Years ago I read a pretty good book by Thomas Friedman... The Lexus and the Olive Tree. It was a bit eye-opening... and so the follow-on book The World is Flat was the next of Freidman's books I was to read.Earlier this year I read his latest book Hot, Flat and Crowded... I was sorely un-impressed! It was pretentious, over-bearing, and 'greener than Gore' - and I really don't believe in this whole 'Global Warming' thing, especially not the Gore way. It seemed to me that Freidman was heading down the same path, using his great intellect, and experience on the world stage to bring more of this 'Green' Religion to the masses. I only could stomach about 1/2 of the book before I had to put it down. Then I was surfing on the iTunes University page and came across a lecture Freidman gave at MIT years ago. After The World is Flat, but right before Hot, Flat and Crowded was released. In watching this video I learned more about the genesis of the new book, and where the 'Green' portion came from. I gained new insight into the 'Greener than Gore' statement.
Friedman things Al Gore and all politicians are basically stupid, ignorant, and un-caring about the actual environment, but more interested in their own power base and financial gain. The Green Revolution he is presenting needs to be an actual REVOLUTION... not just folks buying new fluorescent lights and driving Prius cars... we need to REALLY SHAKE UP the whole system in order to get off the addiction we have to foreign oil.
He WANTS to have a government that is supporting of these ideas, but is more than willing to have individuals, corporations, and groups lead the way instead. This is an eye-opening tome. I plan on finishing it on my flight to Oakland this evening.
Please watch the video and see if it doesn't also change your mind like it did mine.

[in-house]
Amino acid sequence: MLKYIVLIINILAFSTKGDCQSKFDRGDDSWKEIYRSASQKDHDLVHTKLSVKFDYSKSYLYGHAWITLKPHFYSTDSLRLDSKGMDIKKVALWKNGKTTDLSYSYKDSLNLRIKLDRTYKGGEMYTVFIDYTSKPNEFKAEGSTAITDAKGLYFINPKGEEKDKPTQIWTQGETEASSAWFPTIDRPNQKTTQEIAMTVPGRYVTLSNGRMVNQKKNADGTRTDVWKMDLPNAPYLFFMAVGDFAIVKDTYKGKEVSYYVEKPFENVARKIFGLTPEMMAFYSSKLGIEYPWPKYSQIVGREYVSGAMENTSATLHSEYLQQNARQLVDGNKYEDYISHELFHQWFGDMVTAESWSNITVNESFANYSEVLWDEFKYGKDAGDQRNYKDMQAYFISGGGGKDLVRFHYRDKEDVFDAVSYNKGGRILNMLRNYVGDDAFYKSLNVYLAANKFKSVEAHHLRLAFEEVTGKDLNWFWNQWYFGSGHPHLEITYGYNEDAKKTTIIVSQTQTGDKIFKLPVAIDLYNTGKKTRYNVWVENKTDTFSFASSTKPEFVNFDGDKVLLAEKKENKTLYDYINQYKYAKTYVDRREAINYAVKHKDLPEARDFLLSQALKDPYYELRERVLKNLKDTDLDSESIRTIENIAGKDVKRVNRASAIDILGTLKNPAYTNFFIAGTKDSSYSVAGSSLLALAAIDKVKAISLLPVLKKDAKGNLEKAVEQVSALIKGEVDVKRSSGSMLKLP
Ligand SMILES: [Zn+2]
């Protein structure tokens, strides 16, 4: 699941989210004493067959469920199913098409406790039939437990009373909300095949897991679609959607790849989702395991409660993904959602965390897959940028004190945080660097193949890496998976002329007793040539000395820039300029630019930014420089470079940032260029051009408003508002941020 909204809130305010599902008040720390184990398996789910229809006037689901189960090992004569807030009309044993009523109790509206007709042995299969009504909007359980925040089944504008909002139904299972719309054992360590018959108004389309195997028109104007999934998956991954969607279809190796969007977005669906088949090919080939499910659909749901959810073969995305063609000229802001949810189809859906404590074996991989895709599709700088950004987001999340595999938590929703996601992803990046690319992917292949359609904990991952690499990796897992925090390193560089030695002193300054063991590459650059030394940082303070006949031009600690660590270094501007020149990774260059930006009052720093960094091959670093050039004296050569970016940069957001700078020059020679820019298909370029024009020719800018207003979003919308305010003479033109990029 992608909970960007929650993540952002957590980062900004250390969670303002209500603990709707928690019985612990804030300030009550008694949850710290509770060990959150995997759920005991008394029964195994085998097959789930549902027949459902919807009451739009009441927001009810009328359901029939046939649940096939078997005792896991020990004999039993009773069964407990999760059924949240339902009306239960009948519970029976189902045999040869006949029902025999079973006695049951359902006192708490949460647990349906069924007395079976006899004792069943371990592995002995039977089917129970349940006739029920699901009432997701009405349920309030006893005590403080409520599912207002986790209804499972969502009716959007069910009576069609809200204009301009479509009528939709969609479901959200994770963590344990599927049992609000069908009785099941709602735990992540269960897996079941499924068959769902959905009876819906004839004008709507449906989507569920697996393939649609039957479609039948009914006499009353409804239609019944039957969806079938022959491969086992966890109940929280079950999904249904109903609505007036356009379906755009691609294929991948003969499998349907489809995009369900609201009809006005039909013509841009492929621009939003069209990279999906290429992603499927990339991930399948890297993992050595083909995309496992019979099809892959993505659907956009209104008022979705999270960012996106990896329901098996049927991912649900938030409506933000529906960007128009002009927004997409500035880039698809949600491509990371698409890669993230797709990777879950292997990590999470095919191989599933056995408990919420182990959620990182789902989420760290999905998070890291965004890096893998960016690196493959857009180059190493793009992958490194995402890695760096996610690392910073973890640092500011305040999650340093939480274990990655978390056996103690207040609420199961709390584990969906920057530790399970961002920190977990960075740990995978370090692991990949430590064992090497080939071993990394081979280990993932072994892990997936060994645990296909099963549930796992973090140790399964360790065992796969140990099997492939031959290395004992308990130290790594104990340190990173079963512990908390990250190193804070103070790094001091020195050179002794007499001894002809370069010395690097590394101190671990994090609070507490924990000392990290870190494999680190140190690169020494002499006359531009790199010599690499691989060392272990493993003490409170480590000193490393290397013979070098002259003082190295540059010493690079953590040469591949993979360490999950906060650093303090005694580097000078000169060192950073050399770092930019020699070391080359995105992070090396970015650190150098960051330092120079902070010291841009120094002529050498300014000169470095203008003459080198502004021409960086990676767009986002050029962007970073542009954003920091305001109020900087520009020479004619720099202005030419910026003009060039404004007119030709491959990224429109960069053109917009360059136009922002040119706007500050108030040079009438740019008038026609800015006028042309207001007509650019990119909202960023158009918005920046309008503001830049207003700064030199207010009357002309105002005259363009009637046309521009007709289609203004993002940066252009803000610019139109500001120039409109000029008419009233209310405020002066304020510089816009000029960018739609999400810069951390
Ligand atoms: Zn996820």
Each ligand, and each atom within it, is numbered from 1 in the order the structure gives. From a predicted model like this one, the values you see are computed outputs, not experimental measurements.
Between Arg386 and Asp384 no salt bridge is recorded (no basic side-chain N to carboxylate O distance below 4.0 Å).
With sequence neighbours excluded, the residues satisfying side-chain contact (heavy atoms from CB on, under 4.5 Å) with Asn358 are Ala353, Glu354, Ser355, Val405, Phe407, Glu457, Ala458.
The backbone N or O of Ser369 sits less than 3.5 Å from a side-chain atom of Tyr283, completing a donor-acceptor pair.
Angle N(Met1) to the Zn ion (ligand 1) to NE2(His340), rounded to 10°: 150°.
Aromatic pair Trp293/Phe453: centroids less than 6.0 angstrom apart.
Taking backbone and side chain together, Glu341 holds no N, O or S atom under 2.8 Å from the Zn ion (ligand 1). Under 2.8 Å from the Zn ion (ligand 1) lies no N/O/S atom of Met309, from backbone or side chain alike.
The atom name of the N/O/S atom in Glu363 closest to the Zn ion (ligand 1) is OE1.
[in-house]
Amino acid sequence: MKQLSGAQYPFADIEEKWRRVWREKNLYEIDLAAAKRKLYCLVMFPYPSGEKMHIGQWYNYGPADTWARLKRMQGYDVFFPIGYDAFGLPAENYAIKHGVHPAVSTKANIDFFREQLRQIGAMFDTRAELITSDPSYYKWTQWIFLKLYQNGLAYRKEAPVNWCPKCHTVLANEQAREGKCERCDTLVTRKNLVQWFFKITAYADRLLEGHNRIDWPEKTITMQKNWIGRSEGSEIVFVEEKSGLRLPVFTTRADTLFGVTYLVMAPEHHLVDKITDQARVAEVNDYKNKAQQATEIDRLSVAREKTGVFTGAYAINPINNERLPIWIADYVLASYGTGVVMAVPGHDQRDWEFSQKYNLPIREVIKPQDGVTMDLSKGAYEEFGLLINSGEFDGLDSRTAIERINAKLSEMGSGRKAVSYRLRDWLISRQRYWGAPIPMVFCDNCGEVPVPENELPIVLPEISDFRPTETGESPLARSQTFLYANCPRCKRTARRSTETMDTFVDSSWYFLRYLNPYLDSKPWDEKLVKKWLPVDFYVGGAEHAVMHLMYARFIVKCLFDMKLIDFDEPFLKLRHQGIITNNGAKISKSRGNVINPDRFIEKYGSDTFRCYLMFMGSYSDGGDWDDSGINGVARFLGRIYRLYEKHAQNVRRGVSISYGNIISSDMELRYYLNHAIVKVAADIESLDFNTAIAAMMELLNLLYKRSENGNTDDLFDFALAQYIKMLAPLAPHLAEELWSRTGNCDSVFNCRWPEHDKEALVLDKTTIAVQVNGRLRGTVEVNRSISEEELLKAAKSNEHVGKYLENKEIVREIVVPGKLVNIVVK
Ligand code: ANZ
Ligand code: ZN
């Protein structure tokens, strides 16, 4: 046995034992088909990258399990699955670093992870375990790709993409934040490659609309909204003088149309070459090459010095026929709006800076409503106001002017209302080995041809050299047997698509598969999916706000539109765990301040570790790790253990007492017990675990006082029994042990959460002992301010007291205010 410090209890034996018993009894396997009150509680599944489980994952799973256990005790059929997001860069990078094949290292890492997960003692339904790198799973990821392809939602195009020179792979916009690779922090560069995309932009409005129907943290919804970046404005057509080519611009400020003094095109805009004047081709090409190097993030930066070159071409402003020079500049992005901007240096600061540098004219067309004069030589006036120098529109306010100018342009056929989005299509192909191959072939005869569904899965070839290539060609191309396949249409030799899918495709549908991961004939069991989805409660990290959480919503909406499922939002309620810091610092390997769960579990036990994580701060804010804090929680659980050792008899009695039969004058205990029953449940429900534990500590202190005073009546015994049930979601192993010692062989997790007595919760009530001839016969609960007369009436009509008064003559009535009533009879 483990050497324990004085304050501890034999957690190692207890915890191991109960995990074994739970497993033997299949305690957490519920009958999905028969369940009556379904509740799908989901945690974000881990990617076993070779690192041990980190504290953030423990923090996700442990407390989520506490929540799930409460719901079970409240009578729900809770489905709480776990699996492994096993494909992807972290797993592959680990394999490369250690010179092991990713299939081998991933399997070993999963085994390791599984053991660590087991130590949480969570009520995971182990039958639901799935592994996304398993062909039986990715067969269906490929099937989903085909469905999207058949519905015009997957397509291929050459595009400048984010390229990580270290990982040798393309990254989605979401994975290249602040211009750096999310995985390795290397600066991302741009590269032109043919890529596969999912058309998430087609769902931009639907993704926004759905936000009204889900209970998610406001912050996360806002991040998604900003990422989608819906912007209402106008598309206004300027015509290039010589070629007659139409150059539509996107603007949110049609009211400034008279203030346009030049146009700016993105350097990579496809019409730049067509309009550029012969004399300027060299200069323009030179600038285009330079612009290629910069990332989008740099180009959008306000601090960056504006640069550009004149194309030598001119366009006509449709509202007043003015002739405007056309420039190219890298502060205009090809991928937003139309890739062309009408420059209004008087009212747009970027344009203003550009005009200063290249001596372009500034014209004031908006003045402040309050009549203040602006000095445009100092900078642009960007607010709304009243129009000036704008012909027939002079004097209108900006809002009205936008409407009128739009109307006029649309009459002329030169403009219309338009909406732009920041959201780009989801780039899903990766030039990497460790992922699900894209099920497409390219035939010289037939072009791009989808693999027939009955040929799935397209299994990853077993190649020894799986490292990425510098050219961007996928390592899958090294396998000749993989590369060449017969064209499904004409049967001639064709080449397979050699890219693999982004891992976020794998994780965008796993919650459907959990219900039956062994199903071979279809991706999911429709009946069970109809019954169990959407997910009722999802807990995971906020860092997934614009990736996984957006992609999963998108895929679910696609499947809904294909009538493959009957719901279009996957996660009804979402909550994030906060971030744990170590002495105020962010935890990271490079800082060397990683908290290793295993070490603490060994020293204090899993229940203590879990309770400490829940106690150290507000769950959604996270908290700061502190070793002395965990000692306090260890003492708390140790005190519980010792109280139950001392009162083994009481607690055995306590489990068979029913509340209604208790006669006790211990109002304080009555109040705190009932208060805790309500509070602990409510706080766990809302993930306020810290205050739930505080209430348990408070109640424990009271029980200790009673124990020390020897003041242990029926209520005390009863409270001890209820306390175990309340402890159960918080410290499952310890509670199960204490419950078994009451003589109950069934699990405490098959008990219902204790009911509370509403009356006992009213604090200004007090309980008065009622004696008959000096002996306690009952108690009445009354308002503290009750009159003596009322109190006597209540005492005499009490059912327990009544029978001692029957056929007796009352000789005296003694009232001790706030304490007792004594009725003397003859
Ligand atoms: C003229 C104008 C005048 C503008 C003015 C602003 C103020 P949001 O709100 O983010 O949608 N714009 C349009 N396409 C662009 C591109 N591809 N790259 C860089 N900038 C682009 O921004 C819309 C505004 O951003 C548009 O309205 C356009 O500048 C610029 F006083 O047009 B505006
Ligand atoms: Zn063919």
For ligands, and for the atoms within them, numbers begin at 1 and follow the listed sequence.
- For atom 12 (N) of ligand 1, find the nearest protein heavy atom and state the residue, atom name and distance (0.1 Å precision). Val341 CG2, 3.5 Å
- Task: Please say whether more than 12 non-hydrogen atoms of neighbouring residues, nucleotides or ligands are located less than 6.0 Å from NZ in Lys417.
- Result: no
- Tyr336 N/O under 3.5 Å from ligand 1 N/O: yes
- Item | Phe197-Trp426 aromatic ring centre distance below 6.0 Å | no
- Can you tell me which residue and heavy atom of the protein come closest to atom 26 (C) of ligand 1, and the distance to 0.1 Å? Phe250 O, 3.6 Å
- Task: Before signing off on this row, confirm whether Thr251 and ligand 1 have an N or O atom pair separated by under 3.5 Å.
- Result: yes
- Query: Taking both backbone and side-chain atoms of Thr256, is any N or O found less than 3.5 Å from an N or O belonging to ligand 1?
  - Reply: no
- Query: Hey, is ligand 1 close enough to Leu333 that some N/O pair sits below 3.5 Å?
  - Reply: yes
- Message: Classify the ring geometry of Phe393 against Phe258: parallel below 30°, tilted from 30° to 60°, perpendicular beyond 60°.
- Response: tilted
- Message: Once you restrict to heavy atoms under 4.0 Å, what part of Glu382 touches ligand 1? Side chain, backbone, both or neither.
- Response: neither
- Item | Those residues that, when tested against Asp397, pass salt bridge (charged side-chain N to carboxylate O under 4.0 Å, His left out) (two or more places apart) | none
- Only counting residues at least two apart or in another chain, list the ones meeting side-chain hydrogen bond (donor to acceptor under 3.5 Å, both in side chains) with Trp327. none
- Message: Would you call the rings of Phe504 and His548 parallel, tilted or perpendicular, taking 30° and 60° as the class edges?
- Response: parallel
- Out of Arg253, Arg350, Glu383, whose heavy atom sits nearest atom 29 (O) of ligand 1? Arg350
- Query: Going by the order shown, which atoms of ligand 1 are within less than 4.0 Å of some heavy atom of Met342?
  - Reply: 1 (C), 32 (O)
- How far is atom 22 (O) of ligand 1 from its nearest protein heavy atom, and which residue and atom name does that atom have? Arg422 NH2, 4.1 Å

Here's a pretty good review.
Thomas L. Friedman's no. 1 bestseller The World Is Flat has helped millions of readers to see globalization in a new way. Now Friedman brings a fresh outlook to the crises of destabilizing climate change and rising competition for energy—both of which could poison our world if we do not act quickly and collectively. His argument speaks to all of us who are concerned about the state of America in the global future.
Friedman proposes that an ambitious national strategy—which he calls "Geo-Greenism"—is not only what we need to save the planet from overheating; it is what we need to make America healthier, richer, more innovative, more productive, and more secure.
As in The World Is Flat, he explains a new era—the Energy-Climate era—through an illuminating account of recent events. He shows how 9/11, Hurricane Katrina, and the flattening of the world by the Internet (which brought 3 billion new consumers onto the world stage) have combined to bring climate and energy issues to Main Street. But they have not gone very far down Main Street; the much-touted "green revolution" has hardly begun. With all that in mind, Friedman sets out the clean-technology breakthroughs we, and the world, will need; he shows that the ET (Energy Technology) revolution will be both transformative and disruptive; and he explains why America must lead this revolution.